The three wisdom books of the Hebrew Bible are very different from the others.
The Wisdom Books
The third part of the Hebrew Bible, “the Writings” [Hagiographa] is more miscellaneous in content (than the other two major sections of the Bible, the Torah and the Prophets). It is the part of the Old Testament (Hebrew Bible) least dominated by priestly and prophetic interests, and in which “the wise man’s counsel” is most prominent. Three of its major works, Proverbs, Job, and Ecclesiastes (Kohelet) are “Wisdom books,” as the Psalms and the Song of Songs are also, according to the ancient reckoning.
Of the remainder [of the books in Writings], Lamentations contains five additional psalms of a particular kind, Ruth is a parable, Esther and Daniel turn in part on the superior wisdom of Jewish piety, and the priest‑scribe Ezra of Ezra‑Nehemiah is described as endowed with divine wisdom (Ezra 7:25)
What is Wisdom?
At one level it is intelligence or shrewdness. At the next it is good sense, sound judgment, and moral understanding. “A clever man’s wisdom makes him behave intelligently” (Proverbs 14:8). A third level is the capacity to consider profounder problems of human life and destiny. “Buy truth, and do not sell wisdom, instruction, and understanding” (Proverbs 23:23).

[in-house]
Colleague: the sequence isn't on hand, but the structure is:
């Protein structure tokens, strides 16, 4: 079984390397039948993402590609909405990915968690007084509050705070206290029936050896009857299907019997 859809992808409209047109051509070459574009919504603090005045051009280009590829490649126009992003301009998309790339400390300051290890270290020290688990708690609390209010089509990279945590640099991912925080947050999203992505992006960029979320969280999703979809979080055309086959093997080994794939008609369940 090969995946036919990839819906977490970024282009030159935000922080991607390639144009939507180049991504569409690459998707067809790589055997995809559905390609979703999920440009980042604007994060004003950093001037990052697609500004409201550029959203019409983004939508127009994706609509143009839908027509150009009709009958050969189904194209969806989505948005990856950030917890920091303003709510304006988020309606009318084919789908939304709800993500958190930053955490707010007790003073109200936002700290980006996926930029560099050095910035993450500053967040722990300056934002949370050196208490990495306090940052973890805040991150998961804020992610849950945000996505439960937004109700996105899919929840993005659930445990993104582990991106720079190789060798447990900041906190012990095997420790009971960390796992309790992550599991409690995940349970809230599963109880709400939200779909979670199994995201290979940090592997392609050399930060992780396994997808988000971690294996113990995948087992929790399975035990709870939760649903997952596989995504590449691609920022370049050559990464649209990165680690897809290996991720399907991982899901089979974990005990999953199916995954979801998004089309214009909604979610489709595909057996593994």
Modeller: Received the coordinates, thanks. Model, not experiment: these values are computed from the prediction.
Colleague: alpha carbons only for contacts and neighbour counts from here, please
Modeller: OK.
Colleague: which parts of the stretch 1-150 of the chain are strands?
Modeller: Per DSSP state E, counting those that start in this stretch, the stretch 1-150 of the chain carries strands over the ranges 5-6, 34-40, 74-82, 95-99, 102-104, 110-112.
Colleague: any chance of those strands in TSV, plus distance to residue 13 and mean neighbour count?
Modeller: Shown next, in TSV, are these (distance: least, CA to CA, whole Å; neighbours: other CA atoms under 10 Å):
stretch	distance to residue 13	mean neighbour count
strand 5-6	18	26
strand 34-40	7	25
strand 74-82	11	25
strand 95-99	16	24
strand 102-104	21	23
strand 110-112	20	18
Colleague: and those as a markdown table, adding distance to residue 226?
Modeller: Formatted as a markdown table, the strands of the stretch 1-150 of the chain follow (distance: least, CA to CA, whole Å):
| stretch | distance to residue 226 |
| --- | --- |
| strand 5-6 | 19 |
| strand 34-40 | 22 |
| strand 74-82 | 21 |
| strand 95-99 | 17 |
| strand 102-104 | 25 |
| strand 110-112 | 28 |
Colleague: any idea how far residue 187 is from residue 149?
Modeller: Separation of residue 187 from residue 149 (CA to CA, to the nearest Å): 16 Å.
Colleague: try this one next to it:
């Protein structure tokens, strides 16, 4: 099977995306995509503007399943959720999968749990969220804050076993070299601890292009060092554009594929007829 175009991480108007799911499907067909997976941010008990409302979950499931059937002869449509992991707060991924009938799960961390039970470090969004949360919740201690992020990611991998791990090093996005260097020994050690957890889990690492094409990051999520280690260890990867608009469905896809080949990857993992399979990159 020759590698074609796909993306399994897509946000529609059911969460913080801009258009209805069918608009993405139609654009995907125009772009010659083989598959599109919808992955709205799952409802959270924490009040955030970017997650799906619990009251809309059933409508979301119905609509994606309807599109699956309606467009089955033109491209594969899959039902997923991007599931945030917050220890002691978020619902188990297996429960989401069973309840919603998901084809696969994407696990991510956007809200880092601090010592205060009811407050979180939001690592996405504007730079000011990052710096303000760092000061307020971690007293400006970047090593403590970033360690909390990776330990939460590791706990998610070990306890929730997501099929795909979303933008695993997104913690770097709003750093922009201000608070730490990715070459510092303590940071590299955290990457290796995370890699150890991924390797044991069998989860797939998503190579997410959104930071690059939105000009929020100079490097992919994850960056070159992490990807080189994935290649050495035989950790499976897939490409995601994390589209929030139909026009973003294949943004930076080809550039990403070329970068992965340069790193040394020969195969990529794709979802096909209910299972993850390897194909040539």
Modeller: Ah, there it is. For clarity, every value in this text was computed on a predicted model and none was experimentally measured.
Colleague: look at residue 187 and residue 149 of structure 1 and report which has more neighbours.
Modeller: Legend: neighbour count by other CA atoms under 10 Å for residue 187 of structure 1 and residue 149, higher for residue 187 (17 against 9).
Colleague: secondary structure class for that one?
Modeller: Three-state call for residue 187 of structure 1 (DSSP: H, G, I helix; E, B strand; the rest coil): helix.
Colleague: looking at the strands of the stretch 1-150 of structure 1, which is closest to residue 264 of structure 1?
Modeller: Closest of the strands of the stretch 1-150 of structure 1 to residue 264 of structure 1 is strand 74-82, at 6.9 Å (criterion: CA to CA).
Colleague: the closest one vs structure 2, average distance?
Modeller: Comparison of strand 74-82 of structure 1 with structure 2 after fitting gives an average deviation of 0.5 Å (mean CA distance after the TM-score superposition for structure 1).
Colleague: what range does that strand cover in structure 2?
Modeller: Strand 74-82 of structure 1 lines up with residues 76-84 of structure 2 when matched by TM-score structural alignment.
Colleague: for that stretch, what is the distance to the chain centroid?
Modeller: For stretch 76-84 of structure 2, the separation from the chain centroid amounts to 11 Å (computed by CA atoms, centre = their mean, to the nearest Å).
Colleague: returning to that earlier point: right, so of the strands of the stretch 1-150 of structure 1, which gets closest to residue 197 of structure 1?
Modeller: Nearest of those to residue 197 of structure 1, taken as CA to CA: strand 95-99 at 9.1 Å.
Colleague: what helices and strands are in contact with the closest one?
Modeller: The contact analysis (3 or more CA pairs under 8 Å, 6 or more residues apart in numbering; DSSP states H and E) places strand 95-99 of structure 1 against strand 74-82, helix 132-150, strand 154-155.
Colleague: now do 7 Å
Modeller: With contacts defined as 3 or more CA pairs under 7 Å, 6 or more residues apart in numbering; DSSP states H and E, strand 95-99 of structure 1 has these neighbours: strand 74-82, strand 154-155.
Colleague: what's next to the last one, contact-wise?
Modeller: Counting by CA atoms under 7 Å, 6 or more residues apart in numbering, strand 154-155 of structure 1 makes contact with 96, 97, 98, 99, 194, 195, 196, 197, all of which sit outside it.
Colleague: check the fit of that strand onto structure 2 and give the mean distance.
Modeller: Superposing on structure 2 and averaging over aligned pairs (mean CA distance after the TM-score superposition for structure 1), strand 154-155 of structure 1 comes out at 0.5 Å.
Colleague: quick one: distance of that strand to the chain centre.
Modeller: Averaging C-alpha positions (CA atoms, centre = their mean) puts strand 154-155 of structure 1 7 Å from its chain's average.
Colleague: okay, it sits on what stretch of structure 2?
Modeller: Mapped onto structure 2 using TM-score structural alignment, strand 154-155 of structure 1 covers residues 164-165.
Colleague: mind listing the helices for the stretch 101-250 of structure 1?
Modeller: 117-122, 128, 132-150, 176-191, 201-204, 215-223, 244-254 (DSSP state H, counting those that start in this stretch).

Wisdom thus becomes the fruit of the unending quest for the meaning of man’s experience of life and religion. “Where shall wisdom be found?” asks the Book of Job. “Man does not know the way to it. It is hidden from the eyes of all living things, God understands the way to it” (Job 28:12, 21, 23). The search for the higher wisdom led to the twin convictions that, in the last analysis, wisdom comes to man only as a divine gift, and that it belongs to the very nature of God himself.